Lead co-authors are former NIMBioS postdoc Sean Hoban, now a tree conservation biologist at the Morton Arboretum; Joanna Kelley, Biological Sciences, Washington State Univ.; and Katie Lotterhos, Marine and Environmental Sciences, Northeastern Univ. Marine Science Center, Nahant, MA. Working Group co-organizers are Andrew Storfer, Biological Sciences, Washington State Univ.; Gilles Guillot, Applied Mathematics, Technical Univ. of Denmark, Copenhagen; Mike Antolin, Biology, Colorado State Univ., Fort Collins; and Mary Poss, Biology, Penn State Univ., University Park.

NIMBioS Working Groups are chosen to focus on major well-defined scientific questions at the interface between biology and mathematics that require insights from diverse researchers, meeting up to three times over a two-year period. Working Groups are relatively small with no more than 15 participants, focus on a well-defined topic and have well-defined goals and metrics of success.

The next deadline to request support for a Working Group at NIMBioS is Sept. 1. For more information, visit http://www.nimbios.org/workinggroups/

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Special Collection Explores Motivation of Play

Meeting 3 of the Working Group on Play, Evolution, and Sociality. (Back row, L to R): M. Mangel, H. Fouts, B. O'Meara, G. Burghardt, B. Smuts, K. Lewis Graham, G. Cordoni, M. Rehakova, E. Palagi, P. Hammerstein. (Front row, L to R): S. Pellis, J. Auerbach. Not pictured: J. Schank, E. Akcay

Meeting 3 of the Working Group on Play, Evolution, and Sociality. (Back row, L to R): M. Mangel, H. Fouts, B. O’Meara, G. Burghardt, B. Smuts, K. Lewis Graham, G. Cordoni, M. Rehakova, E. Palagi, P. Hammerstein. (Front row, L to R): S. Pellis, J. Auerbach. Not pictured: J. Schank, E. Akcay

Research on what motivates play in mammals, both human and non-human, has been published in a special issue of the journal Behaviour. The nine papers in the special issue are products of the NIMBioS Working Group on Play, Evolution and Sociality.

The nine papers in the special issue include:

  • Motivation of play: from ethological to neurological perspectives by Elisabetta Palagi and Hillary N. Fouts
  • Work-themed play among young children in foraging and farming communities in Central Africa by Hillary N. Fouts, Carin L. Neitzel and Lauren R. Bader
  • Affiliation, dominance and friendship among companion dogs by Rebecca K. Trisko, Aaron A. Sandel and Barbara Smuts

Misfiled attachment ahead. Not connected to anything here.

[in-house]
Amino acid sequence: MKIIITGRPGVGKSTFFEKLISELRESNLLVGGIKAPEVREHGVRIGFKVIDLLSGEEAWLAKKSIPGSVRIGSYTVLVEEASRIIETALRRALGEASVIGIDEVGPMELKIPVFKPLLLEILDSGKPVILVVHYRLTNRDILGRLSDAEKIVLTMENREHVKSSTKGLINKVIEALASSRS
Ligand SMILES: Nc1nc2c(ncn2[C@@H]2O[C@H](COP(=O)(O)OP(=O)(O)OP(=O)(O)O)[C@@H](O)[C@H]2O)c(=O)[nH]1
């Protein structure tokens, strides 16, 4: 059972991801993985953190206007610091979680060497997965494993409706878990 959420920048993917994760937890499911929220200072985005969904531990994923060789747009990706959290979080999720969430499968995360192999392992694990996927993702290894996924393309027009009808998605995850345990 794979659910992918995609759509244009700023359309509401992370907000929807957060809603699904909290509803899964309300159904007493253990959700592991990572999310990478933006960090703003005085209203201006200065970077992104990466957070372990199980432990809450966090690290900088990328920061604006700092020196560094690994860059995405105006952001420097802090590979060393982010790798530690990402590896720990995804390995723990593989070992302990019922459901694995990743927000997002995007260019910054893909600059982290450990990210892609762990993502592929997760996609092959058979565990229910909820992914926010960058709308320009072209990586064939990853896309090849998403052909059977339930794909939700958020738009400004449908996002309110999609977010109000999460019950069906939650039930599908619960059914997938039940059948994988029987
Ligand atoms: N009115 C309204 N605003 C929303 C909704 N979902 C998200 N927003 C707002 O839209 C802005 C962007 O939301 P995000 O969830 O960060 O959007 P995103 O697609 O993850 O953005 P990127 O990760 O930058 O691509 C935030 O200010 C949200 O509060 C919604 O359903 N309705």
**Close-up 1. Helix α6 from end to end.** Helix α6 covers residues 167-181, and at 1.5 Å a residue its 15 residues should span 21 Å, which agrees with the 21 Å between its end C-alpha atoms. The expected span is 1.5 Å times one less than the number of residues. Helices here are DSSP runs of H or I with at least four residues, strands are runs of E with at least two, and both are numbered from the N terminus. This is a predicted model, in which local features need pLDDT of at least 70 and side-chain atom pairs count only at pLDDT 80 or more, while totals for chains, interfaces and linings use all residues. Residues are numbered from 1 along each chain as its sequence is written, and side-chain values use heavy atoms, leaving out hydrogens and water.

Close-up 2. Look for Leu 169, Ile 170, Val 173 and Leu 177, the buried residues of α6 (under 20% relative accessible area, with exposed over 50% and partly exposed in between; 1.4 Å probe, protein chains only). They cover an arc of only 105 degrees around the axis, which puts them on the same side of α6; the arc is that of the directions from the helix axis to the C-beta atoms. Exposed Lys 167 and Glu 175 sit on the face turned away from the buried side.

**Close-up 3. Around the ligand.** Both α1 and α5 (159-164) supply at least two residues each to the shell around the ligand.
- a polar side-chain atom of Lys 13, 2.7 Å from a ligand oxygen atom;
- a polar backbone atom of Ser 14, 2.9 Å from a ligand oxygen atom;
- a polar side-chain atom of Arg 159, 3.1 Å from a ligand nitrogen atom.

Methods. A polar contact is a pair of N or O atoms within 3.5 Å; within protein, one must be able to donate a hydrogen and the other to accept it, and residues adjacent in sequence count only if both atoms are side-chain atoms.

• Play fighting in Visayan warty pigs (Sus cebifrons): insights on restraint and reciprocity in the maintenance of play by Sergio M. Pellis and Vivien C. Pellis
  • Aggression and hierarchical steepness inhibit social play in adult wolves by Giada Cordoni and Elisabetta Palagi
  • Motivation, development and object play: comparative perspectives with lessons from dogs by Gordon M. Burghardt, Julia D. Albright and Karen M. Davis
  • Metacommunication in social play: the meaning of aggression-like elements is modified by play face in Hanuman langurs (Semnopithecus entellus) by Marek Špinka, Marie Palečková and Milada Řeháková
  • A brain motivated to play: insights into the neurobiology of playfulness by Stephen M. Siviy
  • Stone handling, an object play behaviour in macaques: welfare and neurological health implications of a bio-culturally driven tradition by Charmalie A.D. Nahallage, Jean-Baptiste Leca and Michael A. Huffman

The full special issue can be found at http://booksandjournals.brillonline.com/content/journals/1568539x/153/6-7.

In a series of meetings from 2011 to 2013, the NIMBioS Working Group brought together mathematicians, anthropologists, zoologists, neuroscientists, ecologists, psychologists and other top experts to examine play as a window into cognitive evolution and the rules of sociality.

Until the Working Group was established, the field lacked a mathematical and computational approaches for understanding how play evolves. Using mathematical tools, the group aimed to uncover factors predicting the dynamics, occurrence and trajectory of play in the animal kingdom, as well as explore the ecological, psychological and life history factors that facilitate and maintain play.

The special issue is the second from the Working Group. The first was Adaptive Behavior on the origin and evolution of play issued last November.

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SRE Undergraduates Present at Summer STEM Poster Symposium

SRE participants Kelly Regan (left), Alana Cooper and Emily Horton (right of poster) present their work on dynamic modeling of human emotions.